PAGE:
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Portobello High School ruling: Park campaigners seek unity in school row

Possible school sites were discussed at the meeting

Possible school sites were discussed at the meeting

  • by LAURA CUMMINGS
 

AN offer to “work together” to find a site for a new Portobello High School has been issued by the campaign group which thwarted council plans to build the school on a community park.

More than 200 parents, children and residents packed into Portobello Town Hall last night for a public meeting following a court judgement which ruled it would be unlawful to build on common good land at Portobello 
Park.

Fifteen locations across Portobello were identified to site the new school, with options ranging from a rebuild on the existing campus at Duddingston Road to a site at the 
waterfront.

Earlier this month, the Court of Session overturned a ruling that supported city plans to build a new school on Portobello Park, announcing that an appeal by the Portobello Park Action Group (PPAG), which protested against the park build, had been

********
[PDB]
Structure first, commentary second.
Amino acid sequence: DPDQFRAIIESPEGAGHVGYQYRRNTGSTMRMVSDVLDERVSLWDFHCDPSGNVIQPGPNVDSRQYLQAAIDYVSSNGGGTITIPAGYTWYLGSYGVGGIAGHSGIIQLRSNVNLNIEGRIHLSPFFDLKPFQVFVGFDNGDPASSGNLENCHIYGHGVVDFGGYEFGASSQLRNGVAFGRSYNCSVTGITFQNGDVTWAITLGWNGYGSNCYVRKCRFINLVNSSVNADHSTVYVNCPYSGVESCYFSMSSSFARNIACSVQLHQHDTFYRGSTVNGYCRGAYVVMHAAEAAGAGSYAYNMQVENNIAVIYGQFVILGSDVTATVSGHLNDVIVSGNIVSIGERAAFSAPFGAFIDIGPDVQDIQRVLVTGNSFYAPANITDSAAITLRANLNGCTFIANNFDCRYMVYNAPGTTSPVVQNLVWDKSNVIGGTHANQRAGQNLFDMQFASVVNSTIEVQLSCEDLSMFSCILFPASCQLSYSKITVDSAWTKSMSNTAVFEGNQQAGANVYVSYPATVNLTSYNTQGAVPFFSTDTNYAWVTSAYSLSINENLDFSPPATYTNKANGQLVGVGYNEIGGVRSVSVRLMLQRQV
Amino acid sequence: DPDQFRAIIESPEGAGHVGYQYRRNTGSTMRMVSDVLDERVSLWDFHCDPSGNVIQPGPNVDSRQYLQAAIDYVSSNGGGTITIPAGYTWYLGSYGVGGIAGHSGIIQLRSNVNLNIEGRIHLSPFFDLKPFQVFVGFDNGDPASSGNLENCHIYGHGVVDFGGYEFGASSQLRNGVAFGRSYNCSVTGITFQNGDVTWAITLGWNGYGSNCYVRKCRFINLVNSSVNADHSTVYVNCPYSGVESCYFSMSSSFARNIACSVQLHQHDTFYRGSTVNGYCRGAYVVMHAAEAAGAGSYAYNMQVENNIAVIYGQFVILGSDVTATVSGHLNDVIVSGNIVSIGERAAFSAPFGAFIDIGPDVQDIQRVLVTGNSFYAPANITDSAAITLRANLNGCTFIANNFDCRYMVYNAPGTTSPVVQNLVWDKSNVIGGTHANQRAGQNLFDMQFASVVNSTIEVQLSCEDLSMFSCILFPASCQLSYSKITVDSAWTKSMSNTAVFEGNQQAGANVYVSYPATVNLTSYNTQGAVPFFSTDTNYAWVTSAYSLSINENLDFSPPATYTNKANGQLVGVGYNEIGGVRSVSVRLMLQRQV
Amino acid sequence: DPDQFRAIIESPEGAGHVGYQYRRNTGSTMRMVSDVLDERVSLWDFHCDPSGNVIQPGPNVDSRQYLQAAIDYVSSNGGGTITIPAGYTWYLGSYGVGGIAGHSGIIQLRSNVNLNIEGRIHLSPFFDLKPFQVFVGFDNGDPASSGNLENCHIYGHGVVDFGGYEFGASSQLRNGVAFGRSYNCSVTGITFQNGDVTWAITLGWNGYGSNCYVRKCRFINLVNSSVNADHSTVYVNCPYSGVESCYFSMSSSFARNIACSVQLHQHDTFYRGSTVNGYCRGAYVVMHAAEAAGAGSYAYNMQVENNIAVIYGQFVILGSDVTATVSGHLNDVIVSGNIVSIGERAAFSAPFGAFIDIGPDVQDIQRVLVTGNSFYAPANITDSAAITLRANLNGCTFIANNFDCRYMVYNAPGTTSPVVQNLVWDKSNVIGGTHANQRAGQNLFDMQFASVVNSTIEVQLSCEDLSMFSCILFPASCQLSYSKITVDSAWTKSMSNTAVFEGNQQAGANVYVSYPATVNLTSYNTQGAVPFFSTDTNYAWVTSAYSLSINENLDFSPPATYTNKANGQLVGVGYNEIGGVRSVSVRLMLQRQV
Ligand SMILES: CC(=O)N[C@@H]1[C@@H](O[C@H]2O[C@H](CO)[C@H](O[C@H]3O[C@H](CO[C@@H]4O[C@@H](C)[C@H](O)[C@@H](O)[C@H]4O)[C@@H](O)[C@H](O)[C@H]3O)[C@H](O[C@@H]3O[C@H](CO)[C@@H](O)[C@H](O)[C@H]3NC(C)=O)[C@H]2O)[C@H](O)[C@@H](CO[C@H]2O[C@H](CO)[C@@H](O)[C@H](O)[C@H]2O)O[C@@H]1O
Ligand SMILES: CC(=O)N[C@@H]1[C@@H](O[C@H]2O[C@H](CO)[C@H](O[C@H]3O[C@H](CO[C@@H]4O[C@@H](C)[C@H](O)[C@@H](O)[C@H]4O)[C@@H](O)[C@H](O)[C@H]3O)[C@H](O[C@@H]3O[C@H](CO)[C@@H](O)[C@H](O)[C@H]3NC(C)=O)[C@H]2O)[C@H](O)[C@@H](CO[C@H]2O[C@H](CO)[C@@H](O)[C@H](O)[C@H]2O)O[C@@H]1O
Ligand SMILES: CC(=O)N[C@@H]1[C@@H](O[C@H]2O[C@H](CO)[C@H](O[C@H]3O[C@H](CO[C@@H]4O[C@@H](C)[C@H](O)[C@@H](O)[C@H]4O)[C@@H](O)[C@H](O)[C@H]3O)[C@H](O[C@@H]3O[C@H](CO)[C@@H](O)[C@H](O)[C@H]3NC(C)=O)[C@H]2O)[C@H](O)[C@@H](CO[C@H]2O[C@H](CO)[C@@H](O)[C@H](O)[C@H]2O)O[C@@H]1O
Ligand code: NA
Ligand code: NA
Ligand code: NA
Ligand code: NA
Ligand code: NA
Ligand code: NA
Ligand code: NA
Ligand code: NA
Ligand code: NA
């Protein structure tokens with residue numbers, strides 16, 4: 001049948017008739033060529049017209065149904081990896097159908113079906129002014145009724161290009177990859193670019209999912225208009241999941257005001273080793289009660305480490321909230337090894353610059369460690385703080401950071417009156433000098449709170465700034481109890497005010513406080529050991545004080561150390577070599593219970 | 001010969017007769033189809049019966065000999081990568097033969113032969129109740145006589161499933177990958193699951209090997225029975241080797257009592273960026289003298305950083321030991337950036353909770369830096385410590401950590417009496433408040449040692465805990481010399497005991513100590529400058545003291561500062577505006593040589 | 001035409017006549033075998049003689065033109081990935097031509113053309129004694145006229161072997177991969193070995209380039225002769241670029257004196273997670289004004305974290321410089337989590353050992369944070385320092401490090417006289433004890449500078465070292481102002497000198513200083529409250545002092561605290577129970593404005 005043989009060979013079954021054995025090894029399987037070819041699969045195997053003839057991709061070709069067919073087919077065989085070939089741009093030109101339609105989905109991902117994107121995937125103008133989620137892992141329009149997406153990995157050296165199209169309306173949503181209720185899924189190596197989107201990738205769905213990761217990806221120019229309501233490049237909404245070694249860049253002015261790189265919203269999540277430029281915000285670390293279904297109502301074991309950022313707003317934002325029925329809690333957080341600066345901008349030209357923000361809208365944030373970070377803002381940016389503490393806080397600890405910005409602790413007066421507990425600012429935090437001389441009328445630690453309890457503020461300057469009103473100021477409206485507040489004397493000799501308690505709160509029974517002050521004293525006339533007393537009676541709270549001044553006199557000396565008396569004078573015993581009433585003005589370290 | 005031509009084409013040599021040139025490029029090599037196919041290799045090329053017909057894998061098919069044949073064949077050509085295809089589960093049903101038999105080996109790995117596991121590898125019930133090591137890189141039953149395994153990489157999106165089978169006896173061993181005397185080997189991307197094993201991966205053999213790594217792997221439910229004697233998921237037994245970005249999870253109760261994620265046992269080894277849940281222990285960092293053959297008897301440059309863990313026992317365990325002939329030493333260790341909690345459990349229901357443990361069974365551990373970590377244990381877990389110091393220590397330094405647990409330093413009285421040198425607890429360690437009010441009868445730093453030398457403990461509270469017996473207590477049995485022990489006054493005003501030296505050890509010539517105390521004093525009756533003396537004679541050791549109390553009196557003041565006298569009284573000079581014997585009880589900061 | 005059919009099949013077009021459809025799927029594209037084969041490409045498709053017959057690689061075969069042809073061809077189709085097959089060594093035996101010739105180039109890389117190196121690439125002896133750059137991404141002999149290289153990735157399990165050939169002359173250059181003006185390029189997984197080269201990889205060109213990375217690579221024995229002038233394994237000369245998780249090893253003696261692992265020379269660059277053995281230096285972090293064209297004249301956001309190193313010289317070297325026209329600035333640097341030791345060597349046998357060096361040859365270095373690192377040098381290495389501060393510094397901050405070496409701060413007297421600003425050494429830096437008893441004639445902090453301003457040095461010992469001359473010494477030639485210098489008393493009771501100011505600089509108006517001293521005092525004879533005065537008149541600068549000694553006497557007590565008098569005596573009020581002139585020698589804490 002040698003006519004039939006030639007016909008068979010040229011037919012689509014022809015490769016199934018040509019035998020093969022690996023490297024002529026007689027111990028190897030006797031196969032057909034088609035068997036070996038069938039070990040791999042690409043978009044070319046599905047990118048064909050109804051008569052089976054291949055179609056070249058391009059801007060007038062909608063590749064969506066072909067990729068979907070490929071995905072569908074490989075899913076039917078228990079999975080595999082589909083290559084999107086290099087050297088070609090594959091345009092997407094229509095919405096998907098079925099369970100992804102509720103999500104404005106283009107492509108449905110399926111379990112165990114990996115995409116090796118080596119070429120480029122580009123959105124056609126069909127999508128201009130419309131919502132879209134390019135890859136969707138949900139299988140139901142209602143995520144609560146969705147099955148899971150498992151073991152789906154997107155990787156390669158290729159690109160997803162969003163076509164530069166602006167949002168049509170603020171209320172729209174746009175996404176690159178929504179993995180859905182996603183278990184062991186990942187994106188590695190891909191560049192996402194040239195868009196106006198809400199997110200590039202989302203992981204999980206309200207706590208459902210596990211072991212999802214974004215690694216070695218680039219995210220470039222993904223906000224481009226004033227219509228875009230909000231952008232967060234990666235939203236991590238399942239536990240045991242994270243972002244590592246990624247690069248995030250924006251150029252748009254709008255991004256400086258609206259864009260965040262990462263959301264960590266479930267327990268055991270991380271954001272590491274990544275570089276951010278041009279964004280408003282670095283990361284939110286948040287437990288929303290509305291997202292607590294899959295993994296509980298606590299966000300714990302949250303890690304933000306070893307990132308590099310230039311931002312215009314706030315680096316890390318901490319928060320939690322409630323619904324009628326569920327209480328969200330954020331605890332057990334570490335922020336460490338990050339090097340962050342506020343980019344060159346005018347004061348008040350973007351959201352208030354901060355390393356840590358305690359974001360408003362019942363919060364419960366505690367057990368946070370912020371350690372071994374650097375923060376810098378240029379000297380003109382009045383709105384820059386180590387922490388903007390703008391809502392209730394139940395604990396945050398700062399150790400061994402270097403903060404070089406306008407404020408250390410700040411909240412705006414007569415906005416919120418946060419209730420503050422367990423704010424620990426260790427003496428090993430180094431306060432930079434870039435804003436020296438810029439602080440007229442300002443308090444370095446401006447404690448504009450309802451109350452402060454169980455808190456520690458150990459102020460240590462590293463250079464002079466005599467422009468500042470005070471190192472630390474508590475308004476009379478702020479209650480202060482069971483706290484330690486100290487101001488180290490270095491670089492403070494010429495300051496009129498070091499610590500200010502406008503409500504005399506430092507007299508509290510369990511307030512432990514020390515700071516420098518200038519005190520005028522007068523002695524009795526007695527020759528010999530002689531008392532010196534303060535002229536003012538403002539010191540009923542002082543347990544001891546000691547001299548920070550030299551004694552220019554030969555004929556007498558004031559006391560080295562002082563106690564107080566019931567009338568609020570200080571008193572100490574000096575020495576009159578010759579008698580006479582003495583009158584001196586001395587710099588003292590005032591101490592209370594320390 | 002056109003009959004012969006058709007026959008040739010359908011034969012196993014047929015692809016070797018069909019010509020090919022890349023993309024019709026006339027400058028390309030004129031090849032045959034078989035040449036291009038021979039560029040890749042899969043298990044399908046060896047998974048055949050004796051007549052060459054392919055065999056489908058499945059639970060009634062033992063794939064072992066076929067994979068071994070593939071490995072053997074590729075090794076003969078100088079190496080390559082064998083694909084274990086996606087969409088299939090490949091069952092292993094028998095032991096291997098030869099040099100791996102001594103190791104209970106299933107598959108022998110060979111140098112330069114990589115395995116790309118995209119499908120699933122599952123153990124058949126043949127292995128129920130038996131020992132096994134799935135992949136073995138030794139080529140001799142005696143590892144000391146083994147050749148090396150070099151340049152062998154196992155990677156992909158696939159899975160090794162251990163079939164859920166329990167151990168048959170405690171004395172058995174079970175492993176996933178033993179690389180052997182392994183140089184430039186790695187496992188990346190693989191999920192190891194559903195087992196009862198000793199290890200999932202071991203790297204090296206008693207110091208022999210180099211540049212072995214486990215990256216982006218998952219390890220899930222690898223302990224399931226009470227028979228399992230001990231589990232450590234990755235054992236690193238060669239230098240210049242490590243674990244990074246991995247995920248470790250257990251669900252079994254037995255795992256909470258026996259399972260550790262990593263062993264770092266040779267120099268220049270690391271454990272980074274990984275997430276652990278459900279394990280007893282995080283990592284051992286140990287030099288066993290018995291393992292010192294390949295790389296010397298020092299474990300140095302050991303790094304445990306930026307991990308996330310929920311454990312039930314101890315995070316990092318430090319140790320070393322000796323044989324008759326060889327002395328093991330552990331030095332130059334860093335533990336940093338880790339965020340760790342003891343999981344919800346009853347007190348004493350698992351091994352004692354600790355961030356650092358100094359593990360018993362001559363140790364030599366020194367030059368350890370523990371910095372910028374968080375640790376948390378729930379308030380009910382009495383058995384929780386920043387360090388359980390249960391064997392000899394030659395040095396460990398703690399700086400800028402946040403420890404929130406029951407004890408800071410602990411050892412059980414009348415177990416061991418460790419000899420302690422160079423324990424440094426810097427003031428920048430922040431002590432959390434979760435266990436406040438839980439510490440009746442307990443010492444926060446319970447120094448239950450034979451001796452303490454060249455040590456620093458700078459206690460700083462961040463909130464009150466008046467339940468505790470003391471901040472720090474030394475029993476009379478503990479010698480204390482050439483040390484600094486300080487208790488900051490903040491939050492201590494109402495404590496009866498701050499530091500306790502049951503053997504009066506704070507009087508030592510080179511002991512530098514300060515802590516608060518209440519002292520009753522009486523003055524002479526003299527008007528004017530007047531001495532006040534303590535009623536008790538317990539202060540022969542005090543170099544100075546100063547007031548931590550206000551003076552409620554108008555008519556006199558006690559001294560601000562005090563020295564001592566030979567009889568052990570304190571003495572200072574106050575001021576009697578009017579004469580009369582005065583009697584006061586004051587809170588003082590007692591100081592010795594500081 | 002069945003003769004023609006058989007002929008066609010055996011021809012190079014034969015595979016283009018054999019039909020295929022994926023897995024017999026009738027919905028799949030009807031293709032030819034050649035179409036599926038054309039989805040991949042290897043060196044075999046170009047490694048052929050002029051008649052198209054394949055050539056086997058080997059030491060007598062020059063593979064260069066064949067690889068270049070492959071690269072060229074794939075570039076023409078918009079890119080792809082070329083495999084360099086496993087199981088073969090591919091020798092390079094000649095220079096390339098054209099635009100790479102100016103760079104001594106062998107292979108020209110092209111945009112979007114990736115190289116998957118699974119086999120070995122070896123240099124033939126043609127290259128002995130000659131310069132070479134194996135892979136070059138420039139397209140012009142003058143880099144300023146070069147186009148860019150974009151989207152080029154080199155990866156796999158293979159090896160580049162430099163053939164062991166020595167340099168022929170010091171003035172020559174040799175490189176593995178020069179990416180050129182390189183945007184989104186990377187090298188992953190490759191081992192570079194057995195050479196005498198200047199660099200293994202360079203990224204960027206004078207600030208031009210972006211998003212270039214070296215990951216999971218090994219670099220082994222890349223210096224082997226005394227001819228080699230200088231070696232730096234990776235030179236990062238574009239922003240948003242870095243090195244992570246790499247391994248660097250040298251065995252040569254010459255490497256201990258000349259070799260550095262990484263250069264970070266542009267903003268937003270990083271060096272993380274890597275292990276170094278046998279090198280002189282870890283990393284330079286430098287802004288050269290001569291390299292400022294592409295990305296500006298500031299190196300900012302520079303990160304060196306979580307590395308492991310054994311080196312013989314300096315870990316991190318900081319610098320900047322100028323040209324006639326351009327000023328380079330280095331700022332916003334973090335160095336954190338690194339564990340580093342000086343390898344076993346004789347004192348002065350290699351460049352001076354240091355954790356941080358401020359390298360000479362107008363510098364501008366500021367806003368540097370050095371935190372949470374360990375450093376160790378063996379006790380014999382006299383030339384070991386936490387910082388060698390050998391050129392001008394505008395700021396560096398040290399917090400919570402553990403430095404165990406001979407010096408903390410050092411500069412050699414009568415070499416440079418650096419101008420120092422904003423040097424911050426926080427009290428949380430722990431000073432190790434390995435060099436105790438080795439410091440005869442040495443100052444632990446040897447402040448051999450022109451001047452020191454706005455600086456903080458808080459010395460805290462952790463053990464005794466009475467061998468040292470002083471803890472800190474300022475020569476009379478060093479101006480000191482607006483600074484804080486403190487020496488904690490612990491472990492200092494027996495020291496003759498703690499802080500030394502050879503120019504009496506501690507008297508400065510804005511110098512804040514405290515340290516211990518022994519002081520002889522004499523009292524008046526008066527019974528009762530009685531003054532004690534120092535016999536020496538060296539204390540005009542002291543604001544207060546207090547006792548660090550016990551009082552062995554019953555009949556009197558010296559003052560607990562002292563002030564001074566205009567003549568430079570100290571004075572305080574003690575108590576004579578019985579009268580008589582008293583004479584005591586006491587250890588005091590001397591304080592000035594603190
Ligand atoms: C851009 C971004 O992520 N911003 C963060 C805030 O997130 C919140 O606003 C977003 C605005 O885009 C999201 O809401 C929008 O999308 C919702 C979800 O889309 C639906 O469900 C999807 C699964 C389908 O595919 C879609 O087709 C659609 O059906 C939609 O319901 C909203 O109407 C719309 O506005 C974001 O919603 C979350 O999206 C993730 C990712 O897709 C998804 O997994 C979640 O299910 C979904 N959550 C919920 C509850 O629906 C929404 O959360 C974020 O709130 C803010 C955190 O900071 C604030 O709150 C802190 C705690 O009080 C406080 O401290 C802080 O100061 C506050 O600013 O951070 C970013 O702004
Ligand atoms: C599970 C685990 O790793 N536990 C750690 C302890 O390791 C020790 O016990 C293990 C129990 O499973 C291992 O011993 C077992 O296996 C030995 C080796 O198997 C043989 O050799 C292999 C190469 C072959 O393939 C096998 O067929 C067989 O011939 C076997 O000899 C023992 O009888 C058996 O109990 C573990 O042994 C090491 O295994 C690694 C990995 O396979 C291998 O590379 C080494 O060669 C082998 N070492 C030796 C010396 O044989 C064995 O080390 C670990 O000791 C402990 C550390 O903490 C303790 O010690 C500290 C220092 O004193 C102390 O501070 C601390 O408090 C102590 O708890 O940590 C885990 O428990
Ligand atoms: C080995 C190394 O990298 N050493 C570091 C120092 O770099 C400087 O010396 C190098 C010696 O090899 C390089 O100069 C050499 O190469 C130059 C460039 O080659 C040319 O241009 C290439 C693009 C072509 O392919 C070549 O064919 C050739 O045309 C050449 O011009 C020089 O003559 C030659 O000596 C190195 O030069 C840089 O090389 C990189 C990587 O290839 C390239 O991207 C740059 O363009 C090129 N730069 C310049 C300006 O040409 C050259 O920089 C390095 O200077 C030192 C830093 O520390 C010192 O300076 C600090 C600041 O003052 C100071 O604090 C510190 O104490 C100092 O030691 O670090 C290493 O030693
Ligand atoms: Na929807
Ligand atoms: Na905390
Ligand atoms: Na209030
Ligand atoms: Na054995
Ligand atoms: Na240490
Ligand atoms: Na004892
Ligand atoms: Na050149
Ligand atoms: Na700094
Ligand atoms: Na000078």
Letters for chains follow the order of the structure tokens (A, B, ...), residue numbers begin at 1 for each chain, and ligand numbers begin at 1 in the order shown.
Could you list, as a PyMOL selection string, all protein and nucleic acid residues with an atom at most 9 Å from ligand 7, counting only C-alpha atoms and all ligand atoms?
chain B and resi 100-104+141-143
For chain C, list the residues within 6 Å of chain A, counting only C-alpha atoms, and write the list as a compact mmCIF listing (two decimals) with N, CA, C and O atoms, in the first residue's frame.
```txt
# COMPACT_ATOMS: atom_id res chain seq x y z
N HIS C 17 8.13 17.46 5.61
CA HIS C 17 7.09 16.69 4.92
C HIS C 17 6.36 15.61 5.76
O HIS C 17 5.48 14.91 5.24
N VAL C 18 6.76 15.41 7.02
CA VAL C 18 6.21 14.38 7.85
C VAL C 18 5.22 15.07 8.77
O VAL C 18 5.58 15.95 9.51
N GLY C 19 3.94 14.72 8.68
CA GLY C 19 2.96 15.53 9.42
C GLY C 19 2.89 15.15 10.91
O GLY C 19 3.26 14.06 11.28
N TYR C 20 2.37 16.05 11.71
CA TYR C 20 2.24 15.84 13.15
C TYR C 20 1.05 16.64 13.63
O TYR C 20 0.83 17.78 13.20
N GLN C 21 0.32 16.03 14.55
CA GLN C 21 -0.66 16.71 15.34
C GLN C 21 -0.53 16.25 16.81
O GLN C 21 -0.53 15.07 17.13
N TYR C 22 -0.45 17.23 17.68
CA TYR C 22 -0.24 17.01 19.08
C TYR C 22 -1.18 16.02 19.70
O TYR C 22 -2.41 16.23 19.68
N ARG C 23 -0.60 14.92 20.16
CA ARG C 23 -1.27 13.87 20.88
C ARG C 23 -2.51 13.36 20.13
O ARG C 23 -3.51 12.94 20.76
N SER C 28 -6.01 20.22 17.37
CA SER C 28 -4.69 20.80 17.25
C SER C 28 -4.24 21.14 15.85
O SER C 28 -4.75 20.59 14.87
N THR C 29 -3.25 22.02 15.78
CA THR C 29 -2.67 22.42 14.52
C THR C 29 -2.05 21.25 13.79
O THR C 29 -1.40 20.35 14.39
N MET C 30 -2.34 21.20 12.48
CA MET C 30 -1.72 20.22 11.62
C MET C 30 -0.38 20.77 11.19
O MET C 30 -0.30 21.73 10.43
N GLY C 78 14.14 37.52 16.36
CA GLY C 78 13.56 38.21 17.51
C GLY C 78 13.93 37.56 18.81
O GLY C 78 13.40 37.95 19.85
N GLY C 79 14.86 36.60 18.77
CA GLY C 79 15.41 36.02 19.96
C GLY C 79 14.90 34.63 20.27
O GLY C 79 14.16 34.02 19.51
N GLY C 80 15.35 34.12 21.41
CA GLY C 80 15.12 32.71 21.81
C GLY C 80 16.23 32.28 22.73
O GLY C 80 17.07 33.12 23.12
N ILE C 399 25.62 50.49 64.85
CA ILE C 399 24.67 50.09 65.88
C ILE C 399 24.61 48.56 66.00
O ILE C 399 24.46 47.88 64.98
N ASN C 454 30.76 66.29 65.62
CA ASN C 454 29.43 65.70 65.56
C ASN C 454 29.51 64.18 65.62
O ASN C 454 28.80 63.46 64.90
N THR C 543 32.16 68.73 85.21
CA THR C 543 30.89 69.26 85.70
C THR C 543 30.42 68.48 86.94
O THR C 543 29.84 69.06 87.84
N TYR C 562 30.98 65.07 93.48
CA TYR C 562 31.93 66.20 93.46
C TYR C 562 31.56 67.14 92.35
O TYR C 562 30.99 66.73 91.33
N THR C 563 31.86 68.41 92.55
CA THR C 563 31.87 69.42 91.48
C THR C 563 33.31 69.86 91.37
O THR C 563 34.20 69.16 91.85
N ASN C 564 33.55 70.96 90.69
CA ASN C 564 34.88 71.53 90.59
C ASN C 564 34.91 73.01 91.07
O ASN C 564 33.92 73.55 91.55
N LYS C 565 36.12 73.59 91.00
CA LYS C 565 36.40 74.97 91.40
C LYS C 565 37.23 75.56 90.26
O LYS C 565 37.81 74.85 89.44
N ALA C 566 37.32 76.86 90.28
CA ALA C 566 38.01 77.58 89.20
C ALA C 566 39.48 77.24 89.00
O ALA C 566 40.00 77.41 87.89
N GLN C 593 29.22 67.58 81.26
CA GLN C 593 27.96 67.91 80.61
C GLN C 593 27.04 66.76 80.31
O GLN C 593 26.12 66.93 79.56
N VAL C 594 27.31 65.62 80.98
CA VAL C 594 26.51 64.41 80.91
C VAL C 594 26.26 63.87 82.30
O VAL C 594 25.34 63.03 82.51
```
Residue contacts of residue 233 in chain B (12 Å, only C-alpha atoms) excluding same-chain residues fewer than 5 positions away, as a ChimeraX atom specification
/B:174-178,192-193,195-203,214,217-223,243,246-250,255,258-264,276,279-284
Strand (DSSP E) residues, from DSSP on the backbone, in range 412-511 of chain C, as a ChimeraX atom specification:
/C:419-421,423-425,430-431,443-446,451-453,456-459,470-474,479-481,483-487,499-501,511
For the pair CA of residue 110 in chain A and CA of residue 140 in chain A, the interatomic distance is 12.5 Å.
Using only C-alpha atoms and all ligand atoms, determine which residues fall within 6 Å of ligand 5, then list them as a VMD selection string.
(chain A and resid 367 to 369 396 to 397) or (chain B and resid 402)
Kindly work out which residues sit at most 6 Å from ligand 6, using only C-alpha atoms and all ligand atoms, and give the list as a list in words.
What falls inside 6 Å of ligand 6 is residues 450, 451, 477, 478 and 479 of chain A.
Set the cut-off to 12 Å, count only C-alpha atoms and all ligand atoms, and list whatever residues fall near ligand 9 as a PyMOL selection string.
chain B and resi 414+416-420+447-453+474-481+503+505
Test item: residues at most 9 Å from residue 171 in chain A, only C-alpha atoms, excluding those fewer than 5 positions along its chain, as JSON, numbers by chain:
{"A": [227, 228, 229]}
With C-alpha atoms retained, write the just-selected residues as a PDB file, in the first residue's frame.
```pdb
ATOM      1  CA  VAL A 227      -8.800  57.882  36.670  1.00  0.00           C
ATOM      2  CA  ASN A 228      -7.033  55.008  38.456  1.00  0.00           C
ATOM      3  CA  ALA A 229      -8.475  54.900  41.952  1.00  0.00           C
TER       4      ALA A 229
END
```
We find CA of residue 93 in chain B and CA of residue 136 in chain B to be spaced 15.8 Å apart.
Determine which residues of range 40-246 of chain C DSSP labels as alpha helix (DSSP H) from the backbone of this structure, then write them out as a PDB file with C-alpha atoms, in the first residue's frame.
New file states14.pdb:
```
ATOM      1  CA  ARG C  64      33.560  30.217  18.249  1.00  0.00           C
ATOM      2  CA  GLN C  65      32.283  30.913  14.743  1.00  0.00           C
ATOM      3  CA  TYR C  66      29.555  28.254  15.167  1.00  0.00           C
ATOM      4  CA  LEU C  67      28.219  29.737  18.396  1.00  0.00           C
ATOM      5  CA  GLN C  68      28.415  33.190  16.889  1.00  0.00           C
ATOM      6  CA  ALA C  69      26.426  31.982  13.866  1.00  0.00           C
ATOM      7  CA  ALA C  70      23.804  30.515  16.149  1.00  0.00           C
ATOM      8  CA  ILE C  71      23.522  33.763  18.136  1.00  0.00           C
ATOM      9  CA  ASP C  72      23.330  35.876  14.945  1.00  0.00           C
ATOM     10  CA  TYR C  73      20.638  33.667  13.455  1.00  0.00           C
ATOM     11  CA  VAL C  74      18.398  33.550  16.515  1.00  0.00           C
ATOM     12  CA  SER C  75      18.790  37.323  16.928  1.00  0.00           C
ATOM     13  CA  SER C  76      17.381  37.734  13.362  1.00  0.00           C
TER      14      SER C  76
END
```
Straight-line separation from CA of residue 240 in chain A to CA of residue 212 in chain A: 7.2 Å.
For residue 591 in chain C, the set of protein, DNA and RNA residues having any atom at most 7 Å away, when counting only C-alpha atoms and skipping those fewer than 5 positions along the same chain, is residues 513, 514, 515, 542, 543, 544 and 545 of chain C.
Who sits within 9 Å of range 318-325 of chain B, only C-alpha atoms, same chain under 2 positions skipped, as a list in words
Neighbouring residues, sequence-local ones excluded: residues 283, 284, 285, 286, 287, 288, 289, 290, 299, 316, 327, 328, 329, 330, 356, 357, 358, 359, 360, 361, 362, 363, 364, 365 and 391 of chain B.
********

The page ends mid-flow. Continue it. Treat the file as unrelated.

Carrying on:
successful.

Last night, members of the group distributed leaflets 
entitled “Let’s work together for a new Portobello High School” in a new mood of 
reconciliation.

It read: “Choosing to ignore the option of rebuilding on site is a dangerous gamble and by doing so we may end up with no school at all.”

One of the PPAG members, Alison Connelly, confirmed that Justice Secretary and Edinburgh Eastern MSP Kenny MacAskill had agreed to meet the protest group this 
morning.

She said: “We really would like to work together.

“We do want a new high school and obviously we are not wanting it on the park, but we’re hoping that a solution can be found that is to everybody’s satisfaction.”

But some parents at the school summit poured cold water on the offer of a united front.

Kerry Oram, 34, whose son is in P3 at Towerbank Primary, said PPAG members were acting as “scaremongers” in an attempt to deter any appeal against the Court of Session judgement.

“If I had known [who the leaflet was from], I would have probably ripped up the bit of paper right in front of them,” she told the Evening News.

At the meeting, parents were divided into separate working groups where they discussed various proposals and were then asked to write down their preferred options which would be passed to the council for consideration.

Among the more popular options was pursuing a change in law to allow the school to be built on the 
park.

Andy Wightman, a well-known campaigner for land reform and an expert on common good in Scotland, spoke briefly at the start of the meeting, which was chaired by Reverend Peter Webster, minister of St James Parish Church in Portobello.

laura.cummings@edinburghnews.com

 

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